NAME = "HELLO_WORLD"
  DESCRIPTION = "This lister print Hello World for each multitest"

  def get_output(self, instance):
      return "Hello World"

listing_registry.add_lister(HelloWorldLister())

# check --info hello-world
@test_plan()
def main(plan):
  ....

the full example can be found here.

Warning

For filtering / ordering / listing operations, programmatic declarations will take precedence over command line arguments, meaning command line arguments will NOT take on effect if there is an explicit test_filter/test_sorter/test_lister argument in the @test_plan declaration.

Filtering

Testplan provides a flexible and customizable interface for test filtering (e.g. running a subset of tests). It has built-in logic for tag and pattern based test filtering, which can further be expanded by implementing custom test filters.

Command line filtering

The simplest way to filter tests is to use pattern (--patterns) or tag (--tags / --tags-all) filters via command line options.

For pattern filtering individual tests or sets of tests to run can be selected by passing their name or a glob pattern, for example \*string\* will match all testcases whose name includes string.

Note that for MultiTest, the : separator can be used to select individual testsuites and individual testcase methods inside those testsuites; e.g. --patterns MyMultiTest:Suite:test_method. This can of course be combined with wildcarding; e.g. --patterns MyMultiTest:Suite:test_* or --patterns MyMultiTest:*:test_*.

Details regarding the supported patterns can be found here , they’re essentially identical to traditional UNIX shell globbing.

It is also possible to run tests for particular tag(s) using --tags or --tags-all arguments. (e.g. --tags tag1 tag-group=tag1,tag2,tag3). --tags will run tests that match ANY of the tag parameters whereas --tags-all will only run the tests that match ALL tag parameters.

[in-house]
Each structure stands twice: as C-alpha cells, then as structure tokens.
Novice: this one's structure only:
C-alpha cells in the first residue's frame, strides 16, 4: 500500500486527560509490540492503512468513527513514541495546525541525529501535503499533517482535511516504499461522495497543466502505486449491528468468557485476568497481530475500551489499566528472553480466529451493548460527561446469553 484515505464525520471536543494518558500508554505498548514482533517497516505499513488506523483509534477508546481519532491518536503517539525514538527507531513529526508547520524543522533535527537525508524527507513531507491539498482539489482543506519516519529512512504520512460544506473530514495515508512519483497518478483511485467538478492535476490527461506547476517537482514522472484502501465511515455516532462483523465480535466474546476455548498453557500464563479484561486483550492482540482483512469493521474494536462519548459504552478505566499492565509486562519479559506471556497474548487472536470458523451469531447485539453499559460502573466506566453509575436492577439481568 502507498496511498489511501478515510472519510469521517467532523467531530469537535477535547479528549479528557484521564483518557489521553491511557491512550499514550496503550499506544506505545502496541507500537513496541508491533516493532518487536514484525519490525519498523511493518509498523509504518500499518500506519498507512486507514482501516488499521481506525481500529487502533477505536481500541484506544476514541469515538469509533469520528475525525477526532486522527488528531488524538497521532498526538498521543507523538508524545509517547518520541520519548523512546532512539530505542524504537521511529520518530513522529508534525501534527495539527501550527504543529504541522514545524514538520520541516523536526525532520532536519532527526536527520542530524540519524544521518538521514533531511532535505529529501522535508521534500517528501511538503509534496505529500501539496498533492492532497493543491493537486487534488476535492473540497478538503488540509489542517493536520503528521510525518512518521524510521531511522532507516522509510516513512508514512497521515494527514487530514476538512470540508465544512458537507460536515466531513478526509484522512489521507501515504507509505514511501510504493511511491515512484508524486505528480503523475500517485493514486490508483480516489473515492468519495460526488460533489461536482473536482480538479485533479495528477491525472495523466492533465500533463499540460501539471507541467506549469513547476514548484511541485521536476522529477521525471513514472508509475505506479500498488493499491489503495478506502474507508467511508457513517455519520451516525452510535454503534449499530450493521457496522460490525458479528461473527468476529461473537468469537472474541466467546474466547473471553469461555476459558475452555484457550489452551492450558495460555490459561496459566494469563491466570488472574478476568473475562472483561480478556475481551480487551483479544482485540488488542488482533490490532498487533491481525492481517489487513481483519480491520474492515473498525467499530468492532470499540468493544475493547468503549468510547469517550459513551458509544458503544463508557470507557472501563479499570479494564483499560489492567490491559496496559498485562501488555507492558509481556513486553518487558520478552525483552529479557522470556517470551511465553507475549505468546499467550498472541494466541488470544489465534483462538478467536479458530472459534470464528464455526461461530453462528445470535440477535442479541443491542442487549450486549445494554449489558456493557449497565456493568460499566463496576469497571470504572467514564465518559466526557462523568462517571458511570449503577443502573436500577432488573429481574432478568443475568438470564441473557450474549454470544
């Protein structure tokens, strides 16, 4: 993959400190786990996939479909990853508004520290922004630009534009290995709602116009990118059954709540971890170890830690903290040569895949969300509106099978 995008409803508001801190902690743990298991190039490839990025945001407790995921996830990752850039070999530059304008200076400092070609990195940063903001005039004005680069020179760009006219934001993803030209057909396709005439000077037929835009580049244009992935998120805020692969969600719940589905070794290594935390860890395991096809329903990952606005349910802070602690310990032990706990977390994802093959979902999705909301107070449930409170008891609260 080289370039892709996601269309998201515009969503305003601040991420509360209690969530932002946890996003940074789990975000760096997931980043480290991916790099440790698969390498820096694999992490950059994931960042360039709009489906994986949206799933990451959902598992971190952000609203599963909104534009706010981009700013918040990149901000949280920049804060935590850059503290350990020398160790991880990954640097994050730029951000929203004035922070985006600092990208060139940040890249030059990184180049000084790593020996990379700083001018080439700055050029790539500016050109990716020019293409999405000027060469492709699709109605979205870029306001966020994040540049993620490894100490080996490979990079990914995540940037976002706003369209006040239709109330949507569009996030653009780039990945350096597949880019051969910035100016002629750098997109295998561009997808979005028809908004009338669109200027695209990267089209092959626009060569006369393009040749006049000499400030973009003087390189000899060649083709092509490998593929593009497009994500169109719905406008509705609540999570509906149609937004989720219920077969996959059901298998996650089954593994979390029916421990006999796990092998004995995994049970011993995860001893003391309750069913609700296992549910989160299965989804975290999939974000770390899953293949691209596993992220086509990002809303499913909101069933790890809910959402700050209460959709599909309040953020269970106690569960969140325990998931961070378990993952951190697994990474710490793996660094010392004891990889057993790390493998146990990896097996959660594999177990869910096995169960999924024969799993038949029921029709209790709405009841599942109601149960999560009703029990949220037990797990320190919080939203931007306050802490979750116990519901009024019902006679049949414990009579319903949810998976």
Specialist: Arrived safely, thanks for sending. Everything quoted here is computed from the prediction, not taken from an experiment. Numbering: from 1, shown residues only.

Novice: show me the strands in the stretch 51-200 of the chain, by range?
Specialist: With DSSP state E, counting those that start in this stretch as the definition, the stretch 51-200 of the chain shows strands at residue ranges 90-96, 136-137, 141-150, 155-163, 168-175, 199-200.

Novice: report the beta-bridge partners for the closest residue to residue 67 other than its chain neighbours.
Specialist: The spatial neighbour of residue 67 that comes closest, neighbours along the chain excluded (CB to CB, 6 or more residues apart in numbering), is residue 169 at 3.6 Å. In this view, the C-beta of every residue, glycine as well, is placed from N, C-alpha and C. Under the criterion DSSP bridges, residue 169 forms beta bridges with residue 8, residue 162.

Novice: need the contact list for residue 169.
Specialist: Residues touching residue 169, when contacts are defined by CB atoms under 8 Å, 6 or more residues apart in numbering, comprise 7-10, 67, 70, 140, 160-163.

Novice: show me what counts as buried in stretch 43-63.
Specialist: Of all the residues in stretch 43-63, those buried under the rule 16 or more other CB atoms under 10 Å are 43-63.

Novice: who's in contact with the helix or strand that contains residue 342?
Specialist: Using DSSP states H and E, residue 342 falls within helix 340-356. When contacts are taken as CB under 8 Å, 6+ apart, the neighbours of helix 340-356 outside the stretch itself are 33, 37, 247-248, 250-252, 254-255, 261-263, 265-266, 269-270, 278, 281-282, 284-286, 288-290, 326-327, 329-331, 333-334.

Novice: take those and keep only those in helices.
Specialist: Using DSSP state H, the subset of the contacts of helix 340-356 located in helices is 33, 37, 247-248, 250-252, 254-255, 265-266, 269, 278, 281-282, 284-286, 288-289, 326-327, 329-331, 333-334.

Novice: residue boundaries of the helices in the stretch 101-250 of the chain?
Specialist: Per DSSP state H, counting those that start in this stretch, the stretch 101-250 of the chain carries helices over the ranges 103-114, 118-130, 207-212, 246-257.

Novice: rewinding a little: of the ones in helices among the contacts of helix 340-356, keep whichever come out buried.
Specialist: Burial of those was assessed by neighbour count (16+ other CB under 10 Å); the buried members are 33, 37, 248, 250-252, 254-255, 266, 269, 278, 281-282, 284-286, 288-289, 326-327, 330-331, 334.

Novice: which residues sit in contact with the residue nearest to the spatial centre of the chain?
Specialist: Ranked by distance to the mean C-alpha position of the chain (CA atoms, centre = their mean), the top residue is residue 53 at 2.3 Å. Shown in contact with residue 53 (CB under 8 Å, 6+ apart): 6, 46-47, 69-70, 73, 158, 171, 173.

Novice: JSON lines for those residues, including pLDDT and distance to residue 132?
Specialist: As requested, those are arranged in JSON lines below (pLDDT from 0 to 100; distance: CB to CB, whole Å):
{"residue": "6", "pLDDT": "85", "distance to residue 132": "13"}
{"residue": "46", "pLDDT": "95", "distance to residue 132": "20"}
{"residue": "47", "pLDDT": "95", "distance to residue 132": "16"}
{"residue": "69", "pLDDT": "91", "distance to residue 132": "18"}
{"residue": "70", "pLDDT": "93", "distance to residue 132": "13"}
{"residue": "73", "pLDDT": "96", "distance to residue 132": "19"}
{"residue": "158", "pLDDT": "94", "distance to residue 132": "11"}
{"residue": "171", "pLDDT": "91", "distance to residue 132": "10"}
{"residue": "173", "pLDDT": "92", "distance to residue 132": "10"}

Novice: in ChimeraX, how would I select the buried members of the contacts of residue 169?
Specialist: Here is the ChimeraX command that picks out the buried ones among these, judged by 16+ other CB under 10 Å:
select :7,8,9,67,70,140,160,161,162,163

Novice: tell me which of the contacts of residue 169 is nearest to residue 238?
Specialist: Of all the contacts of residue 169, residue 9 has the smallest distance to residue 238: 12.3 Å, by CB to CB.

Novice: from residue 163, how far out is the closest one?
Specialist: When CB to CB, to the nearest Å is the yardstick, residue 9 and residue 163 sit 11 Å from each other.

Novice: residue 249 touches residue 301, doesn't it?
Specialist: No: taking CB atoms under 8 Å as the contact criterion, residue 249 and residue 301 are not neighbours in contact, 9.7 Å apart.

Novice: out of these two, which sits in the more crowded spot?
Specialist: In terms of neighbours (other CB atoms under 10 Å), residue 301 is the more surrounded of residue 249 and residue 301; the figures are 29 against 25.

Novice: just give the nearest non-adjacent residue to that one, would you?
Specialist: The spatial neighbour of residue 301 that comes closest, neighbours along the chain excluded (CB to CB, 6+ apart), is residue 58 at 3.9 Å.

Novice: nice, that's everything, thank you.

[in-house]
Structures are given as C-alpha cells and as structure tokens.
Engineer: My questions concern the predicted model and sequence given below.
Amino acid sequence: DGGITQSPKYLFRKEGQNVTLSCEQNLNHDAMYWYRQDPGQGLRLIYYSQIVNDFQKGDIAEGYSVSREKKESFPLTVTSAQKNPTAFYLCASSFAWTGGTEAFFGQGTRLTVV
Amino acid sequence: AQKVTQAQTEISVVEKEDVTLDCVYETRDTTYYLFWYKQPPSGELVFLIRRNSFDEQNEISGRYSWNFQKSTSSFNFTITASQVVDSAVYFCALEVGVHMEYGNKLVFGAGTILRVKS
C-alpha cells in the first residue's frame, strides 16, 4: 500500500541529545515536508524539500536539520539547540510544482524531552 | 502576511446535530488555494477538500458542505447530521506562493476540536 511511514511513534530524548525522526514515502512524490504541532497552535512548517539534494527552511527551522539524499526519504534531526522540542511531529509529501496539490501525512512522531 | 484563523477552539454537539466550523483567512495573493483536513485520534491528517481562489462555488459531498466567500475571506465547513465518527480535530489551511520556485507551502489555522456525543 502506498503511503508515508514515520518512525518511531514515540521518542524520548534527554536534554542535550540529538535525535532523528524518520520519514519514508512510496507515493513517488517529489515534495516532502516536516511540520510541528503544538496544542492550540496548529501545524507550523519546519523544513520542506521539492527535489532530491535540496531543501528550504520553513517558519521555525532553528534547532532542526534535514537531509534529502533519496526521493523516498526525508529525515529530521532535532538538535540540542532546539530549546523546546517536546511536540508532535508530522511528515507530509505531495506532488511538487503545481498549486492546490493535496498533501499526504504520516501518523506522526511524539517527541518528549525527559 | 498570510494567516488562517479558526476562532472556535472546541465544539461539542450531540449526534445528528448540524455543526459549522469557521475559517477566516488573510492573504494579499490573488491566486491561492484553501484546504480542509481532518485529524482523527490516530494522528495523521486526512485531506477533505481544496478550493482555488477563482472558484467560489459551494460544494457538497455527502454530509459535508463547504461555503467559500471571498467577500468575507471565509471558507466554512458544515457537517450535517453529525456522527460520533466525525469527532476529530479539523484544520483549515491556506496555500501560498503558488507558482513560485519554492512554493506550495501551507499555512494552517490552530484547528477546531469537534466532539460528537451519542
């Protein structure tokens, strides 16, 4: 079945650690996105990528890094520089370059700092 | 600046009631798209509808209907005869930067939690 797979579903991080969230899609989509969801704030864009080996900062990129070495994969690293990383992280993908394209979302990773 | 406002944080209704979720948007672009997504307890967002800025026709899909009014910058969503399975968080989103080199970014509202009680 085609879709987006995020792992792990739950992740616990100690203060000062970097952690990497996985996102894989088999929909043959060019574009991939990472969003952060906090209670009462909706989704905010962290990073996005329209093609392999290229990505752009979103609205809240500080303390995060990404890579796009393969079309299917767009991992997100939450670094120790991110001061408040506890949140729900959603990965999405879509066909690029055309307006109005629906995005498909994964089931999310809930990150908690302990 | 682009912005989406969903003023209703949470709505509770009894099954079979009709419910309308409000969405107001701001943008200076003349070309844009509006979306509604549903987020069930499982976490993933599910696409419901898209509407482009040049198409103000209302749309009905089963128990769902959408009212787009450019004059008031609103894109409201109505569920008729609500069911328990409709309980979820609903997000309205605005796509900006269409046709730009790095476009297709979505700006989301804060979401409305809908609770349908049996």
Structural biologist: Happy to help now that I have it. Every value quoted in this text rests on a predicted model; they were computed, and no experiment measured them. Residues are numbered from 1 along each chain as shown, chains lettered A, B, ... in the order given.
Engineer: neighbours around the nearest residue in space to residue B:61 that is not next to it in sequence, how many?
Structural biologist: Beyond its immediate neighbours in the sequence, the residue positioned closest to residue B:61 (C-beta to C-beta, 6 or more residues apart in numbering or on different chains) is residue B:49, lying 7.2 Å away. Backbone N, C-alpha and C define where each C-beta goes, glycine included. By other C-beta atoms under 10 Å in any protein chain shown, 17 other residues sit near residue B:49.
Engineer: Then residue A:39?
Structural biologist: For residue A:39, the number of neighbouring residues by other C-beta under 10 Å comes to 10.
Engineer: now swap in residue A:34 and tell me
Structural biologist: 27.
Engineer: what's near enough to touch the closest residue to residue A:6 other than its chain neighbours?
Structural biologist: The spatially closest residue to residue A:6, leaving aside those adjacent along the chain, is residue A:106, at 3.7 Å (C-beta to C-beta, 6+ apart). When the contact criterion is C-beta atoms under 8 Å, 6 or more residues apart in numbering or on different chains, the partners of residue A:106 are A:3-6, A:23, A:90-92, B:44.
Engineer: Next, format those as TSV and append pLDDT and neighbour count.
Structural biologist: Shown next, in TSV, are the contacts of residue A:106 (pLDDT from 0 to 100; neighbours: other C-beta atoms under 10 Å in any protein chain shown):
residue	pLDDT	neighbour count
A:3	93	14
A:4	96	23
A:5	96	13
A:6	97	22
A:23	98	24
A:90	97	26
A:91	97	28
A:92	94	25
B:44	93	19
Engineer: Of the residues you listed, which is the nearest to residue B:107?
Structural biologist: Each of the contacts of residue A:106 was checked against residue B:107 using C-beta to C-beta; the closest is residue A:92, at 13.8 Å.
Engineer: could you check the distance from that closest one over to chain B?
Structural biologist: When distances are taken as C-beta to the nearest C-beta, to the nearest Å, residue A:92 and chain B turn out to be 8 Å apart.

When --patterns and --tags parameters are used together, Testplan will only run the tests that match BOTH the pattern and the tag arguments.

View Tagging section and Tagging and Filtering downloadable examples for more detailed information on tagging and command line filtering usage.

Programmatic Filtering

It is also possible to filter out tests to be run via programmatic means by passing a filter object to the @test_plan decorator as test_filter argument. This feature enables more complex filtering logic. For the pattern and tag filters mentioned above, their equivalent programmatic declarations would be:

from testplan import test_plan
from testplan.testing.filtering import Tags, Pattern

# equivalent to `--patterns MyMultiTest:Suite:test_method`
@test_plan(test_filter=Pattern('MyMultiTest:Suite:test_method')):
def main(plan):
    ....

# equivalent to `--tags tag1 tag-group=tag1,tag2,tag3`
@test_plan(test_filter=Tags({
    'simple': 'tag1',
    'tag-group': ('tag1', 'tag2', 'tag3')
})):
def main(plan):
    ....

Programmatic filters can be composed via bitwise operators, so it is possible to apply more complex filtering logic which may not be supported via command line options only.

from testplan import test_plan
from testplan.testing.filtering import Tags, Pattern

# equivalent to `--patterns MyMultiTest --tags server'
@test_plan(test_filter=Pattern('MyMultiTest') & Tags('server')):
def main(plan):
     ....

# no command line equivalent, run tests that match the pattern OR the tag
@test_plan(test_filter=Pattern('MyMultiTest') | Tags('server')):
def main(plan):
    ....

# no command line equivalent, run tests that DO NOT match the tag `server`
@test_plan(test_filter=~Tags('server')):
def main(plan):
     ....

See some examples demonstrating programmatic test filtering.

Multi-level Filtering

For more granular test filtering, you can pass test filter objects to MultiTest instances as well. These lower level filtering rules will override plan level filters.

from testplan import test_plan
from testplan.testing.filtering import Tags, Pattern
from testplan.testing.multitest import MultiTest

# Plan level test filter that will run tests tagged with `client`
@test_plan(test_filter=Tags('client')):
def main(plan):
    multitest_1 = MultiTest(name='Primary', ...)
    # Multitest level test filter overrides plan level filter and runs
    # tests tagged with `server`
    multitest_2 = MultiTest(name='Secondary', test_filter=Tags('server'))

See some examples explaining multi-level programmatic test filtering.